KANCHAN Vs. STATE TRANSPORT APPELIATE TRIBUNAL
LAWS(SC)-2006-1-55
SUPREME COURT OF INDIA (FROM: ALLAHABAD)
Decided on January 17,2006

KANCHAN Appellant
VERSUS
STATE TRANSPORT APPELLATE TRIBUNAL Respondents


Referred Judgements :-

U P STATE ROAD TRANSPORT CORPORATION VS. OMADITYA VERMA [REFERRED TO]



Cited Judgements :-

MUNIYAMMA VS. STATE OF KARNATAKA [LAWS(KAR)-2007-3-68] [REFERRED TO]
PRABHAT PAN AND ORS. VS. THE STATE OF WEST BENGAL AND ORS. [LAWS(CAL)-2015-2-73] [REFERRED TO]
RADHEY SHYAM VS. BANK OF INDIA [LAWS(MPH)-2020-1-136] [REFERRED TO]


JUDGEMENT

Arijit Pasayat, J. - (1.)Challenge in these appeals is to a composite order of a learned single Judge of the Allahabad High Court dismissing the writ petitions filed by the present appellants. The basic question before the High Court was whether the permits granted to the appellants by the State Transport Authority, U.P. Lucknow (in short the S.T.A.) could be legally sustained. It is to be noted that on a revision filed by the non-official respondents, the State Transport Appellate Tribunal, U.P. Lucknow (in short the Tribunal) set aside the grant of permits and held that the action of STA was mala fide; it had acted in clear contravention of the statutory requirements and, therefore, the grant of permit was an exercise which had no legal sanction. This order of the Tribunal was the subject-matter of challenge in the writ petitions. The High Court essentially came to record three findings; (a) in respect of notified routes, the permits could not have been granted; (b) action of the STA in taking over the route was permissible, mala fide and (c) the exercise of power by the STA in granting the permits was equally unsustainable, being mala fide.
(2.)In support of the appeals, learned counsel for the appellants submitted that the High Court did not take note of the fact that the revision petition filed before the Tribunal was not maintainable as the existing operators who had filed the revision petition, has no locus standi to file the same. It was further submitted that the High Court proceeded on an erroneous impression as if the routes were notified routes. The STA, in exercise of power under Section 68(3)(b) of the Motor Vehicles Act, 1988 (in short the Act) had taken over the power of grant of permits and in fact in bona fide exercise of that, directed issue of permits. It was pointed out that there was no specific challenge in the revision petition before the Tribunal about the so called infirmities which the High Court has highlighted. It was in essence, submitted that the exercise of jurisdiction by the "Tribunal was bona fide and there was no reasonable ground for interference by the Tribunal, as affirmed by the High Court.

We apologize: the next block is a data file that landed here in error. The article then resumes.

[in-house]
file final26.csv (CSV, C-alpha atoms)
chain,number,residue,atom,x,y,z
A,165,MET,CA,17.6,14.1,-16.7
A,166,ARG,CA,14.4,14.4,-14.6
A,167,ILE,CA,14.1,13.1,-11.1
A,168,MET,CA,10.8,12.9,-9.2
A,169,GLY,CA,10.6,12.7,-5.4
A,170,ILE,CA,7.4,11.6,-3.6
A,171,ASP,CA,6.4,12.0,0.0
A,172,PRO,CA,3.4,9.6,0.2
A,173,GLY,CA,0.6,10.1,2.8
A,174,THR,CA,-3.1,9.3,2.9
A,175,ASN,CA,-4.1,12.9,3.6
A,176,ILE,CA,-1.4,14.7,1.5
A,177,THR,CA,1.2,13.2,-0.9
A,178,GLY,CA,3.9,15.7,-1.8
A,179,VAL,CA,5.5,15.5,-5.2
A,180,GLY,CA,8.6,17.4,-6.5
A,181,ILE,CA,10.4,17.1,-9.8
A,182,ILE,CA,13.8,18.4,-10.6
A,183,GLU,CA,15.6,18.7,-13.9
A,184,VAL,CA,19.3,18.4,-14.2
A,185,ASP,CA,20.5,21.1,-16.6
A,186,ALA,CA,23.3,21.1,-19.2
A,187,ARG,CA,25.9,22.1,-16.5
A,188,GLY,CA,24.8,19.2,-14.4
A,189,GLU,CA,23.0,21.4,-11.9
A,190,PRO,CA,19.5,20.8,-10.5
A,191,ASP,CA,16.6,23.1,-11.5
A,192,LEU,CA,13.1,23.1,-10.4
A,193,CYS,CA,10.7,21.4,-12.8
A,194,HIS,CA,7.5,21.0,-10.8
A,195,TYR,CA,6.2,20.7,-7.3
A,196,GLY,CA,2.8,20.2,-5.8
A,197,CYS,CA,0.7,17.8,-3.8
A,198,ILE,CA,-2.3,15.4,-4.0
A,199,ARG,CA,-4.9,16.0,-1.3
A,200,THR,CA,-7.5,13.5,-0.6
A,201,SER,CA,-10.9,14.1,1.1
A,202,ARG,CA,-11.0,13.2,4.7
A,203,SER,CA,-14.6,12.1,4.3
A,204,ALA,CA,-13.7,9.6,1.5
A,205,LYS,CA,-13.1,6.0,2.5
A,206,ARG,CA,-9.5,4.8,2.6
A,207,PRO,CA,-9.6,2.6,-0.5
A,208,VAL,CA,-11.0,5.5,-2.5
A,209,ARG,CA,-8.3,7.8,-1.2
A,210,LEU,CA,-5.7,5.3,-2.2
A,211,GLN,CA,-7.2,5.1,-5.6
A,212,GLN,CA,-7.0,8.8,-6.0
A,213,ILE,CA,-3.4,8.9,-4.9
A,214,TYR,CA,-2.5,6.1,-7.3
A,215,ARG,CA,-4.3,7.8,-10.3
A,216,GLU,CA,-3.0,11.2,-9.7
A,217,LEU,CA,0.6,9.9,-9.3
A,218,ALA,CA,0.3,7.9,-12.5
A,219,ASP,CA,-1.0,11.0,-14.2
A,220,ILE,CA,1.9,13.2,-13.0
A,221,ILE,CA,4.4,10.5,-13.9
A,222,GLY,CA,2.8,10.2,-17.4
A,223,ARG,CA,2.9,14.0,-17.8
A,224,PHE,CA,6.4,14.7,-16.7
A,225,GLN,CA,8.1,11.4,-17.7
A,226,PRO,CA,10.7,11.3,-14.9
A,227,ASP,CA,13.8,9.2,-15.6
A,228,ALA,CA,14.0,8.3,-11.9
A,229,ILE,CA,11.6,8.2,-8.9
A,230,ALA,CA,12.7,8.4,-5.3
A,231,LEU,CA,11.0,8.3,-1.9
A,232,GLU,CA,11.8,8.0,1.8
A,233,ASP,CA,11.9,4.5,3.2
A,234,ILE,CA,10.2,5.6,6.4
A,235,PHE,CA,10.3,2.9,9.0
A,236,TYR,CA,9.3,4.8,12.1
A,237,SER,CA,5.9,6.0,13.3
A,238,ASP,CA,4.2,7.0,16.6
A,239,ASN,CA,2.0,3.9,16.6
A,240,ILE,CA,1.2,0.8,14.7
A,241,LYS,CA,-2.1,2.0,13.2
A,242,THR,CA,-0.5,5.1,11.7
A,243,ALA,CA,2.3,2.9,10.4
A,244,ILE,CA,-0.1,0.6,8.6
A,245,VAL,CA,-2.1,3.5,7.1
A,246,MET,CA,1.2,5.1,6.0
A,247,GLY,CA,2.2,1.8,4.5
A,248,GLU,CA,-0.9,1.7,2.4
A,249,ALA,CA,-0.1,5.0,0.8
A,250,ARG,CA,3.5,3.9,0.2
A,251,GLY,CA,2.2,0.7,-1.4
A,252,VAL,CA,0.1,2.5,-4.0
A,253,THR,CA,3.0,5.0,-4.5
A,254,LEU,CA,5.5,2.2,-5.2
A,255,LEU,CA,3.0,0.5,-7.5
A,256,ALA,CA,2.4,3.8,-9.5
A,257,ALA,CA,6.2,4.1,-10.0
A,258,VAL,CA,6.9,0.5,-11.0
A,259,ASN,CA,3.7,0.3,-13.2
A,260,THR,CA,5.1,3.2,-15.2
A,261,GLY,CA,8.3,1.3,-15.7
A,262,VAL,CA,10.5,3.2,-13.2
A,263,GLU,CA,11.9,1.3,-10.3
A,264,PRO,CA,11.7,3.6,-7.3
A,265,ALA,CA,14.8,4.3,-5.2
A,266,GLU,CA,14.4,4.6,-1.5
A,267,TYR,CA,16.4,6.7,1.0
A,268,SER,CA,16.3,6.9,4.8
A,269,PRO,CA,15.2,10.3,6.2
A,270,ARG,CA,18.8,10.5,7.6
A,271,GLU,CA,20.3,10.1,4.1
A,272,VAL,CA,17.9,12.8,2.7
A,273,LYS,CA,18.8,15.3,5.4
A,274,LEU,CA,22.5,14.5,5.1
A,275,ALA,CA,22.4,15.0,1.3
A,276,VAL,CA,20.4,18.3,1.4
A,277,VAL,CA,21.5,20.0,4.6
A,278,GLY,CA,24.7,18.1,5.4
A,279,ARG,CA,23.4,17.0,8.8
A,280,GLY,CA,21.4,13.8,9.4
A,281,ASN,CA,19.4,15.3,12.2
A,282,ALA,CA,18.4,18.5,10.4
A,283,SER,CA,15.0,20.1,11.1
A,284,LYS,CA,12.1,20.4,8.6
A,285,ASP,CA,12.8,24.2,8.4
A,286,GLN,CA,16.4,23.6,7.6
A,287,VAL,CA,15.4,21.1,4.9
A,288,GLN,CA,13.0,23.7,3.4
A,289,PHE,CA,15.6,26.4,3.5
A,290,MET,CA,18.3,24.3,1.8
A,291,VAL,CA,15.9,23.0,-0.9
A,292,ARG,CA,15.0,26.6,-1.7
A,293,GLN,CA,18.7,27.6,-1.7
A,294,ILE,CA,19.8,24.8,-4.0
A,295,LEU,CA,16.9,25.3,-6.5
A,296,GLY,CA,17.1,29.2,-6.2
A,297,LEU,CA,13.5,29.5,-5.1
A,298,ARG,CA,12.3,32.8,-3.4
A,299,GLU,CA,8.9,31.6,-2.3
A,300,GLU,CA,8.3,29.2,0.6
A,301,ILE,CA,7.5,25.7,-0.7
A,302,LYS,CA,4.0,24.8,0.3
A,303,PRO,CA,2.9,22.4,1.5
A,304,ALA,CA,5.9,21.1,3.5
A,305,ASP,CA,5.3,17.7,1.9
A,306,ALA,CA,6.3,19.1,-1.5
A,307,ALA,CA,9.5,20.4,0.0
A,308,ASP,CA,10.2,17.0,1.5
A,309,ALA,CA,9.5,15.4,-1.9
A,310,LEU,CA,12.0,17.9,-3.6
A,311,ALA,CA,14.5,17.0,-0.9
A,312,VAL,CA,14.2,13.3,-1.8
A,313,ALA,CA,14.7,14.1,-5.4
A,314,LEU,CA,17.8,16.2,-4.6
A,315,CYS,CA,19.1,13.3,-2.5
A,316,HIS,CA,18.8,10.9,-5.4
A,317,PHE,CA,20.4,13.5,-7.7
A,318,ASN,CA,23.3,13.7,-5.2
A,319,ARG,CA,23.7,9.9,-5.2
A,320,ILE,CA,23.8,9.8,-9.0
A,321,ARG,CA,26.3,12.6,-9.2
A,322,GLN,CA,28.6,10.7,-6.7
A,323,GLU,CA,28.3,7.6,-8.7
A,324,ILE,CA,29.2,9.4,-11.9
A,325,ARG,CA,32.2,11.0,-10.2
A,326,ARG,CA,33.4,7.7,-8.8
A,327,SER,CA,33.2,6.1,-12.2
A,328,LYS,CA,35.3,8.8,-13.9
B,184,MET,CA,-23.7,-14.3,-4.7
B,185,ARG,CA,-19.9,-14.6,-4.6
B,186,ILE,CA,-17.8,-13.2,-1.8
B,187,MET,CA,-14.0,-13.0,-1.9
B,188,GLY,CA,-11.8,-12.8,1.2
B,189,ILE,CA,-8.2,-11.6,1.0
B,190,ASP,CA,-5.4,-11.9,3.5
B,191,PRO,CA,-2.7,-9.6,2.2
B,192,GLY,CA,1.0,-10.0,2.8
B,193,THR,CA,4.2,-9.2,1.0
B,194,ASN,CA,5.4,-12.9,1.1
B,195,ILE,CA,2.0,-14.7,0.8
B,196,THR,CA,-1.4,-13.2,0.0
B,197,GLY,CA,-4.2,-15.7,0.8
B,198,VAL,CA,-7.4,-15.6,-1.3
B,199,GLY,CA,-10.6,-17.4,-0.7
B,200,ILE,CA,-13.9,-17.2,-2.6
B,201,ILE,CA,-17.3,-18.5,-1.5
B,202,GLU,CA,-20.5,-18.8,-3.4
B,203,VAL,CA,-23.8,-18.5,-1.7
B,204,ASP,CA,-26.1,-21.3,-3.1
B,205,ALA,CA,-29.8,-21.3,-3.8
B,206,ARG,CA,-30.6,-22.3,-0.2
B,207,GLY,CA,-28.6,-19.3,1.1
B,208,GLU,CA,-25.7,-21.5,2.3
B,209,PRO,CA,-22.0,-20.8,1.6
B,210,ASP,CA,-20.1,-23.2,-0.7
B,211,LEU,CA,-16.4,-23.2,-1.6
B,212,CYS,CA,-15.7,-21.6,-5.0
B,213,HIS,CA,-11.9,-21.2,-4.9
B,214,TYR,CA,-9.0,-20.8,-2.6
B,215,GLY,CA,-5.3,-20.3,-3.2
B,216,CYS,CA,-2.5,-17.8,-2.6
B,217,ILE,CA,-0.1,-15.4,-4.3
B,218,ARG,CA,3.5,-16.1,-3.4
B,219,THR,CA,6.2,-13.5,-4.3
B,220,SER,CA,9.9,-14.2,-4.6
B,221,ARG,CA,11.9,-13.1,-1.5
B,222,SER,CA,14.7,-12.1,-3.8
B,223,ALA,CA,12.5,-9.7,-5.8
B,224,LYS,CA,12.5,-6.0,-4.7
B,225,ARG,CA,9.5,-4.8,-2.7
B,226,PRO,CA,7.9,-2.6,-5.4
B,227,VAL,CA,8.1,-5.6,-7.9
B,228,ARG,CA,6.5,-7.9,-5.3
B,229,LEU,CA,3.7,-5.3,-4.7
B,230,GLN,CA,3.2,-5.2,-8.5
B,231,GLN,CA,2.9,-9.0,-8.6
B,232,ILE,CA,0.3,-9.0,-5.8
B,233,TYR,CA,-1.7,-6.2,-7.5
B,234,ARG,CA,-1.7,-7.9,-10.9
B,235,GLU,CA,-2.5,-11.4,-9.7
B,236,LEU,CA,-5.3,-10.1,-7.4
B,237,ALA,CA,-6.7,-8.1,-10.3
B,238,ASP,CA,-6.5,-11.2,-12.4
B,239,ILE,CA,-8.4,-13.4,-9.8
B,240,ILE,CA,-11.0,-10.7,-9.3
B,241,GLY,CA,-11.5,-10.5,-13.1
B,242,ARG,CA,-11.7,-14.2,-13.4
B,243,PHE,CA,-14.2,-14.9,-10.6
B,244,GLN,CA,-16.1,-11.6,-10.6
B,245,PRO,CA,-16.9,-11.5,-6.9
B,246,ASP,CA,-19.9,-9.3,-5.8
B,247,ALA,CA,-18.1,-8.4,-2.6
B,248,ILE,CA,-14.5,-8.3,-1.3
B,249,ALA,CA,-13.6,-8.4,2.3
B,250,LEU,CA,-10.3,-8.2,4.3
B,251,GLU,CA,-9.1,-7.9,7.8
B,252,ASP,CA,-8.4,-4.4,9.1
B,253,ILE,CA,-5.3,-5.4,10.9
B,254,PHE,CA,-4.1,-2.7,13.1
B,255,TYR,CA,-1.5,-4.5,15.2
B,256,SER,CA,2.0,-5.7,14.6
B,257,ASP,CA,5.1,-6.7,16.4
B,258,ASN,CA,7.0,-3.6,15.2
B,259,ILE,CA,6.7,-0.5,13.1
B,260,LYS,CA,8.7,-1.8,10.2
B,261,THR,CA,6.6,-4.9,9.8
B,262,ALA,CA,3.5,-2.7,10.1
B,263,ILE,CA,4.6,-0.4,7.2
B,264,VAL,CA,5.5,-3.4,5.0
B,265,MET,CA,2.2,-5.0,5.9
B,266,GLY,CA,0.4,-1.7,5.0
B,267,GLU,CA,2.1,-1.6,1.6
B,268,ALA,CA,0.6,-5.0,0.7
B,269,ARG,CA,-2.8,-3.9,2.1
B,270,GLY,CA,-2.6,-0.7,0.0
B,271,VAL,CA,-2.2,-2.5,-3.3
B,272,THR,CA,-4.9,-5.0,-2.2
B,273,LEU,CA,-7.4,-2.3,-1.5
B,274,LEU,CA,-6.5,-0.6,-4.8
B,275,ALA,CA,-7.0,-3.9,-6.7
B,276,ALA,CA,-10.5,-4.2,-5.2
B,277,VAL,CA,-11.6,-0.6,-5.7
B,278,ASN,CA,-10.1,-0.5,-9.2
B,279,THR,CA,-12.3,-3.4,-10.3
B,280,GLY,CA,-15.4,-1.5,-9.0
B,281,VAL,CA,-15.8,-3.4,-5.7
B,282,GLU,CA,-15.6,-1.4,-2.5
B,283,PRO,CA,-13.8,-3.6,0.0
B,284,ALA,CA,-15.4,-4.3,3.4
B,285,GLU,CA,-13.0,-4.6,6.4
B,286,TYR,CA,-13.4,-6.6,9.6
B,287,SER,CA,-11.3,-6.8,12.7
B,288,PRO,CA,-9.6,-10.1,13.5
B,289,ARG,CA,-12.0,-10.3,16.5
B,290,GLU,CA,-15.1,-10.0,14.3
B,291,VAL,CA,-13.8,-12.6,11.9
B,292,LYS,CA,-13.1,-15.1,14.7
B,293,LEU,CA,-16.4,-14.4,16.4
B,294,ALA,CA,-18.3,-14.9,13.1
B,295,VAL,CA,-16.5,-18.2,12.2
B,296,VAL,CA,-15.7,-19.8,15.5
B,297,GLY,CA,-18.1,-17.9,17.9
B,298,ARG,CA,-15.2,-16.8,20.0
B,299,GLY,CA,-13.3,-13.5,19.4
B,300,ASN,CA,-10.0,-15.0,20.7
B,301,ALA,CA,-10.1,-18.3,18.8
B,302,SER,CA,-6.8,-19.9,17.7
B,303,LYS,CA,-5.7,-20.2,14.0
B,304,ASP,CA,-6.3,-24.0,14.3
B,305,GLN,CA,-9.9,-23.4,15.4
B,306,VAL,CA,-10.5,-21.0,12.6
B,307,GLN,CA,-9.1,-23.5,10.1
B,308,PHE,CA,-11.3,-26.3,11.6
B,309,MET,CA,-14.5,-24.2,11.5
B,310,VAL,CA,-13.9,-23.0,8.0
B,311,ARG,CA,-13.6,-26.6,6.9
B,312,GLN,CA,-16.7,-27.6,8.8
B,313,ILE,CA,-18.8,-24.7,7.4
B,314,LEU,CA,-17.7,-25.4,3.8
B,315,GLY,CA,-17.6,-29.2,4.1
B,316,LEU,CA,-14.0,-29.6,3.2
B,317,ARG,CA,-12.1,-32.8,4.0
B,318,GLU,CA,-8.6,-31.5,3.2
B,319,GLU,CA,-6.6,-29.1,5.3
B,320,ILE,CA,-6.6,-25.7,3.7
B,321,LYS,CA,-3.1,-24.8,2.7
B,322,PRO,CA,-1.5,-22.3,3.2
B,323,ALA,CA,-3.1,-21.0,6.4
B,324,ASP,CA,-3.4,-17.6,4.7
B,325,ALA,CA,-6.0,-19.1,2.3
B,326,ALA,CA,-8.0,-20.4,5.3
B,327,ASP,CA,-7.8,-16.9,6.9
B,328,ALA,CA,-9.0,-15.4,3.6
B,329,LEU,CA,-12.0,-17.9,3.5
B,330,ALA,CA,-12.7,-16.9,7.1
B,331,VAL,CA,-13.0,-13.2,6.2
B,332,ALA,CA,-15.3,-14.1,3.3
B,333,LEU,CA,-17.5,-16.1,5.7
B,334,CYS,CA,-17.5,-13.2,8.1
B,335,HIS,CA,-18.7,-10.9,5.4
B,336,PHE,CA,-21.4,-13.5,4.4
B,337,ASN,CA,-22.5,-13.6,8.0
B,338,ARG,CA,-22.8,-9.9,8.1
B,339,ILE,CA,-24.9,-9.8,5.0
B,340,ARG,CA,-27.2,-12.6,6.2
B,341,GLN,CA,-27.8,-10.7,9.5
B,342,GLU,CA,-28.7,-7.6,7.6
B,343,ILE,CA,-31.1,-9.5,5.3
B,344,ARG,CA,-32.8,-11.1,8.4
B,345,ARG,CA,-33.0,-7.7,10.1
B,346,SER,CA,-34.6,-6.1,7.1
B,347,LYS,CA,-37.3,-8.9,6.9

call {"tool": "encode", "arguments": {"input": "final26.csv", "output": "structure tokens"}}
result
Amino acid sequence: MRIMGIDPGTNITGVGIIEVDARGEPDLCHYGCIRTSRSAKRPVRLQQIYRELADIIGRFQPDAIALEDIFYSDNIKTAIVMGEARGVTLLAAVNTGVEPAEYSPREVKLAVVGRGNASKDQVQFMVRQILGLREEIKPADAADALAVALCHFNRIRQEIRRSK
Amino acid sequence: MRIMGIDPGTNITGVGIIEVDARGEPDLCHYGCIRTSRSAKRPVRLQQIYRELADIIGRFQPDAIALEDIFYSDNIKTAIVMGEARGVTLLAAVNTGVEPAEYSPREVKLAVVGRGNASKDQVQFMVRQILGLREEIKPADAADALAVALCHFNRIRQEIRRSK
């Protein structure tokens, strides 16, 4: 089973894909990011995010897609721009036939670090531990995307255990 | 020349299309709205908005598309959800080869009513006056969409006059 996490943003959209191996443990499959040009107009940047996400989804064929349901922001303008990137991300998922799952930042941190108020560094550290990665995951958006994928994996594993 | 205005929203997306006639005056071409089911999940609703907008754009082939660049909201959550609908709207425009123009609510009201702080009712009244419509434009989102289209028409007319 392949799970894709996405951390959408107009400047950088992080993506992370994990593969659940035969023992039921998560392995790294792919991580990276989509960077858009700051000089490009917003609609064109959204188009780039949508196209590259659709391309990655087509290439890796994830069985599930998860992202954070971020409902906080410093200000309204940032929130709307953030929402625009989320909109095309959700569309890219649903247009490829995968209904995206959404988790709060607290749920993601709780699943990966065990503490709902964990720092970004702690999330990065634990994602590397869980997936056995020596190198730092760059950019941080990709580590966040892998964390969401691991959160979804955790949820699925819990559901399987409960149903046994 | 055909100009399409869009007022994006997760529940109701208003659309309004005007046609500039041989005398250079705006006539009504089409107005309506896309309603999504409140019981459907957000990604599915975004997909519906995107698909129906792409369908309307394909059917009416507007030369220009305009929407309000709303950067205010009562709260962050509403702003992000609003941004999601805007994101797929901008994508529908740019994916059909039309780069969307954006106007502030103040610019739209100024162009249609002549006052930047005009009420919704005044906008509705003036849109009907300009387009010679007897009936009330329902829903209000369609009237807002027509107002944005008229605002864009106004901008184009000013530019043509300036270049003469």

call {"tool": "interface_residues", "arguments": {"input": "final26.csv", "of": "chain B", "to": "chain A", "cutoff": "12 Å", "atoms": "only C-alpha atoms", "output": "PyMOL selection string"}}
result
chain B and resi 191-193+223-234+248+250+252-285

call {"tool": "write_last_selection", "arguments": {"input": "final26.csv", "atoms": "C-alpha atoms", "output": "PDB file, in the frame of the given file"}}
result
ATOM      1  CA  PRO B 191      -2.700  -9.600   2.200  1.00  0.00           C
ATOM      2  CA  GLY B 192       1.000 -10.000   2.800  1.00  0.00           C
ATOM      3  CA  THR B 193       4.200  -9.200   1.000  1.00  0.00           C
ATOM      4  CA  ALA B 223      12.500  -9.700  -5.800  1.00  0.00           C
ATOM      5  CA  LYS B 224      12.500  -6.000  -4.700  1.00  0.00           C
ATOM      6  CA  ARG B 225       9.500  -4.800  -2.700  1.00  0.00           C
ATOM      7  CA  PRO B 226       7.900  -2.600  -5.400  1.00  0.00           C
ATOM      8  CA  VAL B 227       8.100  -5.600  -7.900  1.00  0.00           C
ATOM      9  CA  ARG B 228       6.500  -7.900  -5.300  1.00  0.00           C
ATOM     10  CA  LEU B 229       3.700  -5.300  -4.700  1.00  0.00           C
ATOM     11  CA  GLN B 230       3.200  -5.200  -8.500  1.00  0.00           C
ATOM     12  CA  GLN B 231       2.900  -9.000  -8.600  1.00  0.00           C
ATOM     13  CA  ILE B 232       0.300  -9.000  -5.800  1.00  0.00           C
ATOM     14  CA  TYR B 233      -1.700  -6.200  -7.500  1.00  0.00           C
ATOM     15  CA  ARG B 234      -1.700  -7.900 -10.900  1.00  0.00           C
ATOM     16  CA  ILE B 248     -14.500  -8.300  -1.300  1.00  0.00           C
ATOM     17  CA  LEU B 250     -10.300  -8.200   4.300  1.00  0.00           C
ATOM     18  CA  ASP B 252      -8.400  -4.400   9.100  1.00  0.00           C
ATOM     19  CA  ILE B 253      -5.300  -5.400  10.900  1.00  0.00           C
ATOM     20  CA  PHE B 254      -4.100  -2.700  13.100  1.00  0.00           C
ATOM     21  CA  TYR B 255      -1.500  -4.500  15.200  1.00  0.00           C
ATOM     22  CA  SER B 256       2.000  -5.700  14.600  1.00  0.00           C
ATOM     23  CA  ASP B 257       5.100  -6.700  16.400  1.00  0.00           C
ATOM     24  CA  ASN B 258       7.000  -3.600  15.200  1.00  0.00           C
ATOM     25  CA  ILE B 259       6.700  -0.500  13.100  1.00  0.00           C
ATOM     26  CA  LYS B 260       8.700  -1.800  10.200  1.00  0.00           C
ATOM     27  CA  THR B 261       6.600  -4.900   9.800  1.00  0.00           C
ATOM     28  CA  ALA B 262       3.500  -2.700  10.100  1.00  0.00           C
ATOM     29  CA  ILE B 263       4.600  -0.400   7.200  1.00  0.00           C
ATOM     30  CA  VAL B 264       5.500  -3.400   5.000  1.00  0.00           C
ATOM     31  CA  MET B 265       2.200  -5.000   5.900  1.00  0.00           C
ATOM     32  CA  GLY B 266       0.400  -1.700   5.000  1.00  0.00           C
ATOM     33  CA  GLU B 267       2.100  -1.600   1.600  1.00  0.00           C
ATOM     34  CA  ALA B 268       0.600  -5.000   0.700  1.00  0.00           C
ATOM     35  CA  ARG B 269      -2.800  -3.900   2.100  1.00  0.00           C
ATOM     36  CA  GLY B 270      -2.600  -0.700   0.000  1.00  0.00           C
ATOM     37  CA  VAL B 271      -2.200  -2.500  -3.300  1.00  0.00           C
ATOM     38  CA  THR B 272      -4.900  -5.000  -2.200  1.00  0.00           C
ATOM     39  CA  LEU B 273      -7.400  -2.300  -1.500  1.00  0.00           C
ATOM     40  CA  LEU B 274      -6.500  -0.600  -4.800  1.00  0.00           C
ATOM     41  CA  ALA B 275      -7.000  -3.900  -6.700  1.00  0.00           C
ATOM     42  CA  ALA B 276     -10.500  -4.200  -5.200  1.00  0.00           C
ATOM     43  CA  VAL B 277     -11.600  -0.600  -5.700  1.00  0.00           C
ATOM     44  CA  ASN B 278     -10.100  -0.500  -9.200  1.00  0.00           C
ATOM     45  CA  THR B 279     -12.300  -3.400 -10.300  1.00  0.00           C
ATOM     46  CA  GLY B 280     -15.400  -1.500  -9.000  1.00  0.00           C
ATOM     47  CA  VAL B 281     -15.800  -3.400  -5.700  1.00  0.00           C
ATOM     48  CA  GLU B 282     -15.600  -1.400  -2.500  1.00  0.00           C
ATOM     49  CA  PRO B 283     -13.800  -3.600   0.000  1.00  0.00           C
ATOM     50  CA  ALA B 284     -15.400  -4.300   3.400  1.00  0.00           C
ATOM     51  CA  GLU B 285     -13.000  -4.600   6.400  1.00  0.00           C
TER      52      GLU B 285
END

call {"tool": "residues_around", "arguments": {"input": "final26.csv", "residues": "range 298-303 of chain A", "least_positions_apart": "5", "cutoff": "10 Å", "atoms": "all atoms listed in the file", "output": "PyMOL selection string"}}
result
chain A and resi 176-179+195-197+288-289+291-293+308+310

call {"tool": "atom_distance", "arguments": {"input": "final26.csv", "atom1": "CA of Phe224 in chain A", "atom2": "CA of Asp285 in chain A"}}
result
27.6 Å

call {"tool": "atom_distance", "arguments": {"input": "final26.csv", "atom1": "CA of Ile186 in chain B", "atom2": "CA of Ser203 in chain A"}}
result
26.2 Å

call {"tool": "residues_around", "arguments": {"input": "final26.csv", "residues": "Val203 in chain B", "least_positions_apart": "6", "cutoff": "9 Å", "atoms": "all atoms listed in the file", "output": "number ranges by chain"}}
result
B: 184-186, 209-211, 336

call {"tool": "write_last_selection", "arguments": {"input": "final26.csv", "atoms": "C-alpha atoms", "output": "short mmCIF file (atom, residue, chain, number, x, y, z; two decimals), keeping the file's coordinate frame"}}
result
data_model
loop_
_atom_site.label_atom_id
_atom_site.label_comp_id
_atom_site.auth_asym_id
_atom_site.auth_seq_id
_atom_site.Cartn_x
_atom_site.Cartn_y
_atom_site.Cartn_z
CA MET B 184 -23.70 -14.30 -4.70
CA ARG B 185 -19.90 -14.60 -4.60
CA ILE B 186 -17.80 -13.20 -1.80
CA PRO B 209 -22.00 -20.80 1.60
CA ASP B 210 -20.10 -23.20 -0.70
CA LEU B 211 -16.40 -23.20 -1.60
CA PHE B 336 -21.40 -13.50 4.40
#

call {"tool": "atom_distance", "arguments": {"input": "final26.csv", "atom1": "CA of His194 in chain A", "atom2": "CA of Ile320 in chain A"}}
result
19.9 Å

(3.)In response, Mr. Rakesh Dwivedi, learned senior counsel for the respondents submitted that the whole exercise clearly smacked of non-transparency and mala fides. It was pointed out that 48 permits were granted and in some cases, the files which were produced before the Tribunal indicated that even applications for grant of permits were not there. Further, the fact that the permits were granted on the very same day on which the STA purportedly took over the power to grant permits in exercise of powers under Section 68(3)(b) leaves no manner of doubt that the STA was acting contrary to law. It is pointed out that even assuming that there was any Resolution, which according to the learned counsel for the respondents is also not a fact, there was no notification about the taking over of the jurisdiction by the STA. It is also not clear as to how the applications could be made to the STA much before it assumed power in exercise of powers under Section 68(3)(b) of the Act. Finally, the applications are to be made to RTA and one does not know under what circumstances the applications were made to the STA.


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